8) The notion that the first answer is the final answer does not help kids become good thinkers. We want to create fluency and flexibility in them instead. They need to know there is more than one way.

9) Mistakes matter! Trying again is the cornerstone of persistence. Teaching kids that it's ok to make mistakes and that through it all they need to stick with it creates fluency and flexibility in the younger years.

Ervin used the book The Most Magnificent Thing to illustrate this point.

Making the most magnificent thing turns out to be harder than the little girl thinks. She measures, hammers, fastens, and adjusts again and again, but the thing just keeps turning out wrong. 

Just when the little girl wants to quit, her assistant suggests a break. Bit by bit the mad is pushed out of her head, she relaxes, and starts to think clearly again. 

As the little girl looks back over each of the things she made she realizes some parts of the things are wrong, but some are quite right. There are all sorts of parts that she likes and can use if she tries again. 

Finally... the little girl knows how to make the magnificent thing. 

After much perseverance, the little girl finally finishes... 

You will have to read the book to find out what she made. 

10) Transfer means to use what you know in a new way. When we are rigid in our thinking and tell students how to do everything rather than allowing them to learn how on their own, they are only able to do things the way they are taught and no other way. 

We want kids thinking about literacy as well as other content areas. How can you get your kids thinking by implementing one of these a-ha's in your classroom?

Friday, April 8, 2016

The Importance of Book-Making: Week 2 Already Ready Book Study

Sorry about this post being a week late. I painted Abby's bedroom last weekend and the time just got away from me.

I would like to begin this week by addressing a few questions that came up as a result of the last post.

Both questions are related to the book's suggestion to move away from dictation.

How does a parent "read" a young child's writing when they are not skilled at "reading" emergent writing?

What about the child who can't remember what they wrote in order to read it?

My personal opinion is that none of this is really important at this early stage of writing. Let them "read" their stories differently each time. Encourage parents to ask their children to "read" their stories to them. When children are lifted up as writers, they are more likely to explore the craft and to try new things. They develop a sense of agency and identity as a writer. This is a very powerful thing- much more so than if we only have them concentrate on the skill of reading the transcription.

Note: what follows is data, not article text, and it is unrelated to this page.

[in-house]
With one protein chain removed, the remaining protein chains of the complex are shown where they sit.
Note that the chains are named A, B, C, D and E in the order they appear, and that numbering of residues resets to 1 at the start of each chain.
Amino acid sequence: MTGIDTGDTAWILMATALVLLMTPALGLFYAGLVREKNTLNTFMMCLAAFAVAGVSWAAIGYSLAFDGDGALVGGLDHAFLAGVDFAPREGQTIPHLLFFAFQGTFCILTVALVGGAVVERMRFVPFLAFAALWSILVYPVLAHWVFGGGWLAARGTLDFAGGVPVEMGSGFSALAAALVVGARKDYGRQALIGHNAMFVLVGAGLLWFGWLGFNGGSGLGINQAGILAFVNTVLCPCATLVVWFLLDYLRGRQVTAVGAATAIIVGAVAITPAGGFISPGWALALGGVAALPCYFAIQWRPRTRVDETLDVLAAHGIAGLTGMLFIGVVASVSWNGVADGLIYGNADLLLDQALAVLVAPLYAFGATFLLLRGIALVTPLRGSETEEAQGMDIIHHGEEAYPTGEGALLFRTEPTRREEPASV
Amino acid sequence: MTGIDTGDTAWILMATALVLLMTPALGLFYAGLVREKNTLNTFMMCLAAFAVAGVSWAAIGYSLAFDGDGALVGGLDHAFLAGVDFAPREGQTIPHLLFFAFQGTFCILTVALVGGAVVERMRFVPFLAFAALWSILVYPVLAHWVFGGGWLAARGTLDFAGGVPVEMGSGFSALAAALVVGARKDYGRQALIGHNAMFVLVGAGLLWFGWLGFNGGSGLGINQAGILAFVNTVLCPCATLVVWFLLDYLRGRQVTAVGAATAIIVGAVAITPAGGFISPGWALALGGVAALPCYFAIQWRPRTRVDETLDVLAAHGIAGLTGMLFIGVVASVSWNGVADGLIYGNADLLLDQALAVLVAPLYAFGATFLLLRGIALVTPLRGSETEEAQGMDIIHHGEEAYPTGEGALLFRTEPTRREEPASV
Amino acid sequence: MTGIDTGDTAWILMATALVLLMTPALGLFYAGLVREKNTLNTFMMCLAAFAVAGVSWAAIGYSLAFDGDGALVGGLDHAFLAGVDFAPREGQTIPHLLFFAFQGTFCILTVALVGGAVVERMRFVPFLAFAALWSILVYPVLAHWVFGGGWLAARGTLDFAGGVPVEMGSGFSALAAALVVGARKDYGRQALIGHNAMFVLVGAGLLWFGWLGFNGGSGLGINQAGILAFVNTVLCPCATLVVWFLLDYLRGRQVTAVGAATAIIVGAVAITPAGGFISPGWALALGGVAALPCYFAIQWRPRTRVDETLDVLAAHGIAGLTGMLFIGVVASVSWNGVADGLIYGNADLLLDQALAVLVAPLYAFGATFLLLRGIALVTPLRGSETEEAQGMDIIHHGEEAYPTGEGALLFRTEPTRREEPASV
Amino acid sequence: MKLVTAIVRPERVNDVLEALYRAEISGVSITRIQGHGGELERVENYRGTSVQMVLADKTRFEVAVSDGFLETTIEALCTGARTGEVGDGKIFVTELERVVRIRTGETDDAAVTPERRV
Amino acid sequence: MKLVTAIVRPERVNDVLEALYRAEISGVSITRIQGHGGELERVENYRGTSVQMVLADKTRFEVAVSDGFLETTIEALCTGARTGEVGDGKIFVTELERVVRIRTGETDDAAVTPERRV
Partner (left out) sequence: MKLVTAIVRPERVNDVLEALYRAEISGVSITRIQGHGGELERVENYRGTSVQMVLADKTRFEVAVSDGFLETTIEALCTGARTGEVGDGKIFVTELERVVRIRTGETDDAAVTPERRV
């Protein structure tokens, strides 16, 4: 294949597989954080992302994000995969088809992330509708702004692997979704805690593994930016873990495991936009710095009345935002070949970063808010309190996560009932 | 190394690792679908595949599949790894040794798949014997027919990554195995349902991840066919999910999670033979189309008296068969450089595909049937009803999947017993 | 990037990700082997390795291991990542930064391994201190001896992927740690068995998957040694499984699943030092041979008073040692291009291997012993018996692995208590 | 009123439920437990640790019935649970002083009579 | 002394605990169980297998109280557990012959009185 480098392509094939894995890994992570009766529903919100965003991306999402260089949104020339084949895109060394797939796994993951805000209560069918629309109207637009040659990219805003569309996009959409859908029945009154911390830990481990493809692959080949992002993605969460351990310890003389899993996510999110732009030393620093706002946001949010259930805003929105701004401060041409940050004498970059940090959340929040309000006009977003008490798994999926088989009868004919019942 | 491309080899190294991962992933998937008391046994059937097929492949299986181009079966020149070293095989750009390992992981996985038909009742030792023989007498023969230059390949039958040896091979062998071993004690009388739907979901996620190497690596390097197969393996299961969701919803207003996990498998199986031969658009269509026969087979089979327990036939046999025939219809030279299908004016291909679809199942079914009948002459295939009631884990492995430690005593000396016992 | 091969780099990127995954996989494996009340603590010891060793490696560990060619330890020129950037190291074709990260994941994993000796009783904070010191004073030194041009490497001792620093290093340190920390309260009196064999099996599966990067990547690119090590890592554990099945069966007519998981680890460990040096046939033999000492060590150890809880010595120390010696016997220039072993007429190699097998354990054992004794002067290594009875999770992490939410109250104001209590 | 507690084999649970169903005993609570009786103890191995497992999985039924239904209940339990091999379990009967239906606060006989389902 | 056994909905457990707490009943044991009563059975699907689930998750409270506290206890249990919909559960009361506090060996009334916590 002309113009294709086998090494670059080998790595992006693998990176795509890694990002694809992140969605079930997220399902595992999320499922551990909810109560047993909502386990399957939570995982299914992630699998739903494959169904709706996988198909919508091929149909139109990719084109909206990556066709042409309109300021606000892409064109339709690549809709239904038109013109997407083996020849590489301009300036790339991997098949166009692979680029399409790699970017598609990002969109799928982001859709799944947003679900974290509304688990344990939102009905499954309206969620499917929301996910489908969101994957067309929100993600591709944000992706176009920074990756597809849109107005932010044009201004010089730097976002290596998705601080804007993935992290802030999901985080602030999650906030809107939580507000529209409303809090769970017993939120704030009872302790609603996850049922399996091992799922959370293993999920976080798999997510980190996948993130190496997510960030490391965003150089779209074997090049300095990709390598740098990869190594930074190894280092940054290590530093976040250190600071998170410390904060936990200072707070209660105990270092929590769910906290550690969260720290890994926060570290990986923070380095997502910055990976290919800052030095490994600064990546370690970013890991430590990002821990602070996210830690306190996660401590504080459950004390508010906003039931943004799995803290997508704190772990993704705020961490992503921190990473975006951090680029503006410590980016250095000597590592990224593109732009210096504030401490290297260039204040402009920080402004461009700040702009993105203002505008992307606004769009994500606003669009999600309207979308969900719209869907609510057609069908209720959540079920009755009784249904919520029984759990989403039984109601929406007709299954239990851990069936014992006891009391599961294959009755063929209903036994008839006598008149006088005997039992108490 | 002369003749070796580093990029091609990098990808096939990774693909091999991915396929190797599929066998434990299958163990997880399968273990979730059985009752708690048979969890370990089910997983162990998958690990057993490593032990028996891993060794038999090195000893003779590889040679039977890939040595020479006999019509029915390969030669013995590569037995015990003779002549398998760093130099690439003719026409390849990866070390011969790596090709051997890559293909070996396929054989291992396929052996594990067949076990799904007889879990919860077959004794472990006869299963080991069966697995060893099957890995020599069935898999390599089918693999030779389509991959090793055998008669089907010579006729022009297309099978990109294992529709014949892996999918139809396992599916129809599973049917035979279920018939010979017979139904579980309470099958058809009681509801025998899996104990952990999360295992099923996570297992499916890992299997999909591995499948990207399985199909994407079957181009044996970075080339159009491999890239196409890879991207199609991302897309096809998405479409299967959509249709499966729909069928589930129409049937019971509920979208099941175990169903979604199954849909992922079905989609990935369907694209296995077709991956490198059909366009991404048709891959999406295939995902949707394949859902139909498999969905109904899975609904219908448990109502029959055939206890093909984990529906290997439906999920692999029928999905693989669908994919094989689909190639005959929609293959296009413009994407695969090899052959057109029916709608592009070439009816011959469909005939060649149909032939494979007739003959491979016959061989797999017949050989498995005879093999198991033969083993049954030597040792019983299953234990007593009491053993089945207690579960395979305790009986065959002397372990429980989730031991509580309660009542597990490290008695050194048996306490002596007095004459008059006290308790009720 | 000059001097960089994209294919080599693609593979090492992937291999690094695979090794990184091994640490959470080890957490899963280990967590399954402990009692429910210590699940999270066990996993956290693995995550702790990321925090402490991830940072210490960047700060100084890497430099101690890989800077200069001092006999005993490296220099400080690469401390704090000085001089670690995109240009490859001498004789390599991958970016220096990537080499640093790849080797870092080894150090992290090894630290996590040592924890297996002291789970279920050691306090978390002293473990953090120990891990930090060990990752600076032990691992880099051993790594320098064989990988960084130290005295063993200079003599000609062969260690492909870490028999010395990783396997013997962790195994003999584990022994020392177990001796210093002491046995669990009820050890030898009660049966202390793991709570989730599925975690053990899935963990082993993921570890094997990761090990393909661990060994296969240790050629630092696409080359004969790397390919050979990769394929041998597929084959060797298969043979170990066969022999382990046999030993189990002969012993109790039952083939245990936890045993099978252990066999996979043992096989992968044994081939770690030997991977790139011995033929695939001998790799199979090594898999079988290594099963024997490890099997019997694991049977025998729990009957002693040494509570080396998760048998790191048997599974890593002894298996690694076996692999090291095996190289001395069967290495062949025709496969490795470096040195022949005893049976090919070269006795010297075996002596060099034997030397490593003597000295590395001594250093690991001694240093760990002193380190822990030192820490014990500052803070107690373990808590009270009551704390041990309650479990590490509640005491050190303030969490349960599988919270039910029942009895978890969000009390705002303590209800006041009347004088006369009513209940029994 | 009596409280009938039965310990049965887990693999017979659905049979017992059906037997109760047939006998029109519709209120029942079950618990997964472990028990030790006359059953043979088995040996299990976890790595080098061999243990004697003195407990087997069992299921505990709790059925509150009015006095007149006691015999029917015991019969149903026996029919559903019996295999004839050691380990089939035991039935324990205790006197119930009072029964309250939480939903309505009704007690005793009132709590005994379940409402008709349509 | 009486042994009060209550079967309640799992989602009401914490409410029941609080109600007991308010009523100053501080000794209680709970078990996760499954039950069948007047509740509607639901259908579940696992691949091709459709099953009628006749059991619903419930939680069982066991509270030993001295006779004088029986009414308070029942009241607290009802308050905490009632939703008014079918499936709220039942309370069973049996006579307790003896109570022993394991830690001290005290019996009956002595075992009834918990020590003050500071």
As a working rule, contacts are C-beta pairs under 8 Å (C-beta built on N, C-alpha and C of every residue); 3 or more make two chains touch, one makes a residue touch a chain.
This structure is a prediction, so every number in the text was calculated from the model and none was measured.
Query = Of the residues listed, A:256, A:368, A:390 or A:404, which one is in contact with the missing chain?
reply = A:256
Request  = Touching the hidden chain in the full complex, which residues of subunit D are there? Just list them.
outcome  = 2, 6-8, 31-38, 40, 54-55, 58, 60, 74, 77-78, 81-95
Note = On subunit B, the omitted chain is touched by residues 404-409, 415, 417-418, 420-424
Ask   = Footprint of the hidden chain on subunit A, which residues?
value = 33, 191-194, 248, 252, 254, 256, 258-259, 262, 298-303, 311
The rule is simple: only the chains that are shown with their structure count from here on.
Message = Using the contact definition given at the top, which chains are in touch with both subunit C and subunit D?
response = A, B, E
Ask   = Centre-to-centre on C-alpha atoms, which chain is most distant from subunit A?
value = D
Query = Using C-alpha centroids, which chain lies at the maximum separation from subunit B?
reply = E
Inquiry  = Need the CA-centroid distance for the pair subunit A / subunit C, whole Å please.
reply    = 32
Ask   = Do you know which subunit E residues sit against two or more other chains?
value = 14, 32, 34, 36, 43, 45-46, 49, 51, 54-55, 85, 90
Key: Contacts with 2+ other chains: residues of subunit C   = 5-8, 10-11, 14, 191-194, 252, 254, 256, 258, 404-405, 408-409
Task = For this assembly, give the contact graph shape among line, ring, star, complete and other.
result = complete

Chapter 2- Composition and the Importance of Making Picture Books (from Already Ready: Nurturing Writers in Preschool and Kindergarten by Katie Ray Wood & Matt Glover)

The chapter begins by comparing functional writing and compositional writing. In the early grades functional writing plays such an important role in supporting young children's understanding about what writing is and what it can do for them.

Functional writing is important to all kinds of daily tasks, but mostly it addresses tasks at hand and does not go beyond that. Everyday people jot down notes, make lists, sign in and out, and fill out forms. These are all types of functional writing. They are writing done in response to the demands of everyday living.
Students Signing In and Out to Take Attendance

The capability to use writing to support one's jobs and projects is one of the greatest benefits of literacy. Teachers need to provide opportunities for young children to write as part of the daily school routine, in play, and through exploration; however, if functional writing is the only type of writing young children take part in they will probably not feel much like writers. 

This line was a bit of an "ah-ha" for me. I had kids writing all day and across all content areas, but when I stopped to consider how much of that time was spent on functional writing and how much of it was spent on compositional writing... most of it was spent on functional writing.

"Literate people who use writing only for functional purposes typically don't have strong identities as writers." (Wood & Glover, 2008)

Those who use writing to compose have much stronger writing identities because of it. As part of their jobs, some people use writing to compose articles, reports, newsletters, webpages, reviews, advertisements, etc. All of which are designed with a specific purpose and audience in mind.